I took a risk. Allowing myself to be more vulnerable than usual, with a friend.
Have you ever felt confused?
Not the, trying to understand what the quantum physicist is talking about, confused.
It’s the, suddenly nothing anyone is saying makes sense, confused.
Everyone else seems to be catching on but me, confused. Ya know?
I’ve tried to reduce it all to a simple misinterpretation of the chosen words. Perhaps due even to something the speaker chose to omit.
“Of course I’d be confused if they left that part out. Anyone would be, right?”
I’ve assumed intelligence is measured by how well you understand and make use of the information given.
It’s clearer now, intelligence is better understood through how well you know yourself. To know what you need and how you need it, to do your best.
Being able to effectively communicate it to others.
I’ve feared judgement in sharing how easily confused and disoriented I get. Remember, I live with Autism, ADHD, Dyslexia and Dyscalculia.
That’s a lot of scrambled wiring in one brain.
Becoming overloaded doesn’t take much.
How my processing is going to be moment to moment, depends on a variety of things.
How many decisions have I made?
What’s my anxiety level?
Have I had enough sleep?
Have I had enough time to recover?
Is the dopamine flowing to match the demand?
Because my cup of executive function difficulty runneth over. My thinking process can become stymied by something seemingly commonsensical.
Because their words suddenly don’t make sense (auditory processing),
they’re giving me more information than I can keep track of (working memory),
I can’t remember the correct order of steps (sequencing).
When finally able to understand what my friend was trying to explain to me. I imagined how rudimentary it must have appeared, and why my confusion in itself may have been confusing.
So I came clean about my confusion and what a big problem it is for me. It’s incredibly tiring and anxiety producing to mask, “What if someone finds out!” Know what I mean?
I thanked my friend for being someone I felt safe enough to share that with.
Now I’m sharing it with you.
I’m grateful I made the leap to be honest about something that had me feeling like an imposter of sorts.
Now that it’s out there, no need to hide or feel insecure about it. The more people understand these challenges exist for people.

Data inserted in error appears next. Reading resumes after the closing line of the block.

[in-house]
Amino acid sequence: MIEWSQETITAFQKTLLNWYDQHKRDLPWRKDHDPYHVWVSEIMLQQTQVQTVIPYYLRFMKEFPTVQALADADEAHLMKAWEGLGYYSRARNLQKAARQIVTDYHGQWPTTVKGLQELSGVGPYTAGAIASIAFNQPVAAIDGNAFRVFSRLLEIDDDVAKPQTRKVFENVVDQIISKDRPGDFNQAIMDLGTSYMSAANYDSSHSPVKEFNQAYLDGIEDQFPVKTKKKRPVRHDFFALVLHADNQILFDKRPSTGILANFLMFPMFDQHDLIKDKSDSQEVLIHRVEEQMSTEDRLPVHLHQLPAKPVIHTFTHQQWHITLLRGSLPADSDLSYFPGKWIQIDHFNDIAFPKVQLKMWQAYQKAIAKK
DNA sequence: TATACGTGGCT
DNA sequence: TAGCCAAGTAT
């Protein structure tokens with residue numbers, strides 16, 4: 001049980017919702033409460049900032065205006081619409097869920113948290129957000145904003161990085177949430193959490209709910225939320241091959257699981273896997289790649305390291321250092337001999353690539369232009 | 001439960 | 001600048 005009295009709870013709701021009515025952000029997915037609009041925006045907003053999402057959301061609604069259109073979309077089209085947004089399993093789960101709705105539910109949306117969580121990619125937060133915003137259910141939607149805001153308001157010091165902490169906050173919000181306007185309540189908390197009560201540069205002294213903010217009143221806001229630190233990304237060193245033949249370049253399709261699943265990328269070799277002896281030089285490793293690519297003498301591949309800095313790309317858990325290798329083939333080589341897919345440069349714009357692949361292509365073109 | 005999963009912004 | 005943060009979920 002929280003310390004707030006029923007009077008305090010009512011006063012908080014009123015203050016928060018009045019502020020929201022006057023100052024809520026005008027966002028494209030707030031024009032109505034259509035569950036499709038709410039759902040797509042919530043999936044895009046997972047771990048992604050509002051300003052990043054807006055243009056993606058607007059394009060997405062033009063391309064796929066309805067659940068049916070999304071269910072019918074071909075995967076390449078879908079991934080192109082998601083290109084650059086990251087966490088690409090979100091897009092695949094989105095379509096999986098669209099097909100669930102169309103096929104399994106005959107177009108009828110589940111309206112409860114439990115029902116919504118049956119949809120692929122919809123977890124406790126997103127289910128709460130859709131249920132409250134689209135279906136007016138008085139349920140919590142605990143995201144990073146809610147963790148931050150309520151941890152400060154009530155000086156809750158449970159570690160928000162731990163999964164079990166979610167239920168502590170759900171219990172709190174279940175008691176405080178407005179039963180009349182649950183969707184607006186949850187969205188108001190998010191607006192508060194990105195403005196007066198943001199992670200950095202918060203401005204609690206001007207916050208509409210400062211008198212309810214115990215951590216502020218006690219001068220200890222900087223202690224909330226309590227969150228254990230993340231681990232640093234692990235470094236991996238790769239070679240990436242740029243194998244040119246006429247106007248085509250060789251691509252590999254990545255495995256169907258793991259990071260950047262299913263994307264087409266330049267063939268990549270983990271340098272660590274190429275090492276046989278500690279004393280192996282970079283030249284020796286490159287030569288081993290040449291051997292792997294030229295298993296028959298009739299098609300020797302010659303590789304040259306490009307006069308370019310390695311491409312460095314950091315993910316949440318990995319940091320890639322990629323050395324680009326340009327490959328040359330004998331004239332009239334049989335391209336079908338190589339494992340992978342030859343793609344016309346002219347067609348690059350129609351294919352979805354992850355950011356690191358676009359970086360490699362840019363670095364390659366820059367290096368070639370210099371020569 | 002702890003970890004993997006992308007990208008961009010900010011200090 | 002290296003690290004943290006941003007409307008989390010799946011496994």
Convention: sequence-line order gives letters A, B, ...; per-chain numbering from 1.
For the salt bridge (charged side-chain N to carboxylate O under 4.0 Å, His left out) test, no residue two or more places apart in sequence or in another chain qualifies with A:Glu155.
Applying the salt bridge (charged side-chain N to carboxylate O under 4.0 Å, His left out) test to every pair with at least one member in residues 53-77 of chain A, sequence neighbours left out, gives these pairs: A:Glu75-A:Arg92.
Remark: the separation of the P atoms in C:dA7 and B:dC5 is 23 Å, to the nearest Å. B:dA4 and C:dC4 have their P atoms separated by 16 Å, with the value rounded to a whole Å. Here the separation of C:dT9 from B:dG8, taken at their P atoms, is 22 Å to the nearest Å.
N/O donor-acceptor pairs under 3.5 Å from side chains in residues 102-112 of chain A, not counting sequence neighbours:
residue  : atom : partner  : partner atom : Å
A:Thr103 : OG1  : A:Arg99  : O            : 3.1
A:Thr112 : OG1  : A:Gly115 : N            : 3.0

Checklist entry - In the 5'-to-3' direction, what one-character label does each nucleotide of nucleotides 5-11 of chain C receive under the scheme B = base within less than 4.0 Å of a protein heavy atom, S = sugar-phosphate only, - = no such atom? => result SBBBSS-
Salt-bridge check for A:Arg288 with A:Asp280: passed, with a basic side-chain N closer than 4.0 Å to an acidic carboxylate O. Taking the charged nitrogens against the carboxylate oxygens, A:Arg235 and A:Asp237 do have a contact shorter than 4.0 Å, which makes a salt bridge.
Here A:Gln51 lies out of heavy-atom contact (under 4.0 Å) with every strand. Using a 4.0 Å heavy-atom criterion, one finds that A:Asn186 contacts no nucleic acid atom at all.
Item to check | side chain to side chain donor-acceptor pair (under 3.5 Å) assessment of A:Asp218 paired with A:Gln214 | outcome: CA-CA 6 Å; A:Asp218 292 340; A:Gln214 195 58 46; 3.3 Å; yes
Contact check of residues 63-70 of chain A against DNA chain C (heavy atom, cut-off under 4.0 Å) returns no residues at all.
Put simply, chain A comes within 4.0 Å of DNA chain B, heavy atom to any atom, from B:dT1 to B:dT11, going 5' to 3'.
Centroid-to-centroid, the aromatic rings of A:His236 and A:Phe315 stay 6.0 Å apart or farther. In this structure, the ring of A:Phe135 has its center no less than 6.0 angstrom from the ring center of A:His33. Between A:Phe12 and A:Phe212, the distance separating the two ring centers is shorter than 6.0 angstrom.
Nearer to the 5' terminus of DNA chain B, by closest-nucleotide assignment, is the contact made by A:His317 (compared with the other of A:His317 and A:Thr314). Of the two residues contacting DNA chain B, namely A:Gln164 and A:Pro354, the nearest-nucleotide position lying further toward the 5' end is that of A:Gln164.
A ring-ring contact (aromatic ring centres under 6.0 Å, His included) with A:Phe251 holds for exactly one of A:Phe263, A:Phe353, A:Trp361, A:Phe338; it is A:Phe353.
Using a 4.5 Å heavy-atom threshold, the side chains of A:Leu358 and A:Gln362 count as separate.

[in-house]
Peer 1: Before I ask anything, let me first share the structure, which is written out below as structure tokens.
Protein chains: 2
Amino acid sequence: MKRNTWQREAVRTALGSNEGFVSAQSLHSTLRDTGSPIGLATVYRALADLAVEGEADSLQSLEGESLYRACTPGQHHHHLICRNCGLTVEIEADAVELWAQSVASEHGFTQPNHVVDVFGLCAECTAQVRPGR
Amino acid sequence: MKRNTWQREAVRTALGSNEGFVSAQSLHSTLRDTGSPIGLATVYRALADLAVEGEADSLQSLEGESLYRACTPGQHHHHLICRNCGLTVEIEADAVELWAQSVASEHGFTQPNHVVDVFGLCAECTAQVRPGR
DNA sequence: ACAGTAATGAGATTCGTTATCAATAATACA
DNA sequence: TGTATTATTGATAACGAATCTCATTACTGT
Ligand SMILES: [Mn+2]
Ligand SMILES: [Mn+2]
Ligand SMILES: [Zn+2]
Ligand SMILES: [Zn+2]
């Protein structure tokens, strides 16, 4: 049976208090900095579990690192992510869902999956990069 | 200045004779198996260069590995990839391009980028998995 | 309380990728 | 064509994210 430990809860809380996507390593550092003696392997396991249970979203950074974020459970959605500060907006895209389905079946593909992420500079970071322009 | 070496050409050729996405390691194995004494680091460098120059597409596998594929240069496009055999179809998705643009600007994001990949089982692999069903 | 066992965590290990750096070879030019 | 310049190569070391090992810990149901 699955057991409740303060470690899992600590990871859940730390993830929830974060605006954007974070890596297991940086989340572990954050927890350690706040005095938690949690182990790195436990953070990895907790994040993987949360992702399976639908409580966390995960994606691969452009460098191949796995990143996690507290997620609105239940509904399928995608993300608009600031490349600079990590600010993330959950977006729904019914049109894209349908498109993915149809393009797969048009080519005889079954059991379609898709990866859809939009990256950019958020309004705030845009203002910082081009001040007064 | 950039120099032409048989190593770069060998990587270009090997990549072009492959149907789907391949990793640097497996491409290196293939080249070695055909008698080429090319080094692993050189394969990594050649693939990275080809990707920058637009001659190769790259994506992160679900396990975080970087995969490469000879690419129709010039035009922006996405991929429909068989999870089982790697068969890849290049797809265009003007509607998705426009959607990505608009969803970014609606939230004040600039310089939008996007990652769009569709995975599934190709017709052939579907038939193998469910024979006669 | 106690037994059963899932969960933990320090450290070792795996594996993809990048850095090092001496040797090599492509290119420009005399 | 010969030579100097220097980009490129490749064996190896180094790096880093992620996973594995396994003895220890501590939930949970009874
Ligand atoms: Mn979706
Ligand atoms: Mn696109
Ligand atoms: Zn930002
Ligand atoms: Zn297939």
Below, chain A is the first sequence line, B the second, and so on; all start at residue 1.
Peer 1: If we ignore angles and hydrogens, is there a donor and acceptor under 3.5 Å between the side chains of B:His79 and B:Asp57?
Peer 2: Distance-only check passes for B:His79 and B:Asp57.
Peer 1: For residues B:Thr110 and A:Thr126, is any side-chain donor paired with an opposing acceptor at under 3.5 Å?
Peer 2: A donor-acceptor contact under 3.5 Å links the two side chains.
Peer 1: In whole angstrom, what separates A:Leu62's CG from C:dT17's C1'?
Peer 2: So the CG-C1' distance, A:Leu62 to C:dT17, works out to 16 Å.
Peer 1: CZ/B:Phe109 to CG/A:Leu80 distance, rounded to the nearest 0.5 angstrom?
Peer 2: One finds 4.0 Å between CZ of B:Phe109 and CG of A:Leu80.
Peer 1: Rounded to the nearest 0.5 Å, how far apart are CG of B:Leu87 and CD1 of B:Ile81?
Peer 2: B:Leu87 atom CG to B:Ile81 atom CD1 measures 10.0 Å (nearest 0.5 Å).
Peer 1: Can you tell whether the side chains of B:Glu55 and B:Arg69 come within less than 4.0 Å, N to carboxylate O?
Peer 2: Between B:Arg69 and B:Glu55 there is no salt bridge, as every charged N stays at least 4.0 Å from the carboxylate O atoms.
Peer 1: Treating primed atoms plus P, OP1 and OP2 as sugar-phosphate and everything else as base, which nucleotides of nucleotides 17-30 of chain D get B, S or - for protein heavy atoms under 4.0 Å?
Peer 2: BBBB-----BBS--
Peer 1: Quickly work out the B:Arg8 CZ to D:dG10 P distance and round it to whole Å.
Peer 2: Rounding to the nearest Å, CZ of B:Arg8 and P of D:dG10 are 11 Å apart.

The more patient and compassionate they can learn to be with us. In the meantime, we need to be that way with them.
How are you feeling?
When asked this question recently, I responded, “Emotionally, I’m happy and optimistic. Physically, I feel exhausted and sick.”
It’s easy to get confused about the options you have, to choose the quality of your experience.
Especially when conditioned to use statements like, “I’m sick,” or “I’m in pain.” A more apt description would be, “I’m experiencing fatigue, body aches and a headache.”
No it isn’t COVID, silly. It’s life with hEDS. By being specific I’m reminded not all of me is sick.
The specific sensations I described, alerted me that an illness or flair may be brewing. Or that my physical status quo, remains so.
Kinda like driving through life in a crappy car.
It’s rusty, the tires are worn and the engine stalls when you come to a complete stop.
But you’re grateful to have a car.
Your attitude can be thought of as the weather your car drives through. The car being a body easily overwhelmed by light or sound. It has a weak battery, and is held together with doggedness infused duct tape.
It’s realizing you can enjoy the ride regardless of what you’re driving.
Sure, the a/c is busted, so the car overheating constantly can be a suckfest. One that makes the nicest weather a liability, when so much of trip prep revolves around keeping the car cool.
It’s a challenge to have a solution-focused outlook, when your body feels dysregulated or perpetually sick.
But feeling happy, content or connected doesn’t presuppose you’re comfortable. Not suggesting pain or suffering is a preferable alternative.
Quality of life is not an all-or-nothing proposition. You don’t need to be 100% happy to feel happy. You’re happy because your enjoying the happiness you have.
When you savor a spoonful of your favorite dessert, you don’t need to eat the entire platter to enjoy it.
The latter occurs when you look to the dessert for the pleasure you struggle to create yourself. I’ve struggled with this throughout my life as well.
The more I discipline the ability to choose my attitude when the body struggles, the more able I am to meet the body with patience and compassion.
Frustration and resentment are exhausting. When I focus on the car and all that it isn’t, I suffer.
When I counter balance it by focusing on abundance, opportunity and gratitude. I see how much more there is to life, than what driving distance allows.
Words sometimes sting, don’t they?
Where do you feel it?
In your heart,
Or your mind?
You, the chosen mark.
Serving as a screen, upon which they project
their pain, and suffering.
The message is, they’re hurting.
The method is, they’re hurting you.
Preservation of your emotional integrity, and ability to access compassion are paramount.
Your right to establish bounds, requires action to realize.
Conveying directly that,
“I want to hear you,
I’d love to talk with you,
but not on those terms.”
“I empathize and hear you’re hurting. We need to do better than hurtful words, to find a way through this.
Please tell me what is happening in your body right now.”
A shift in attention to body from brain, helps to settle both.
When cooler heads engage, cooler heads prevail.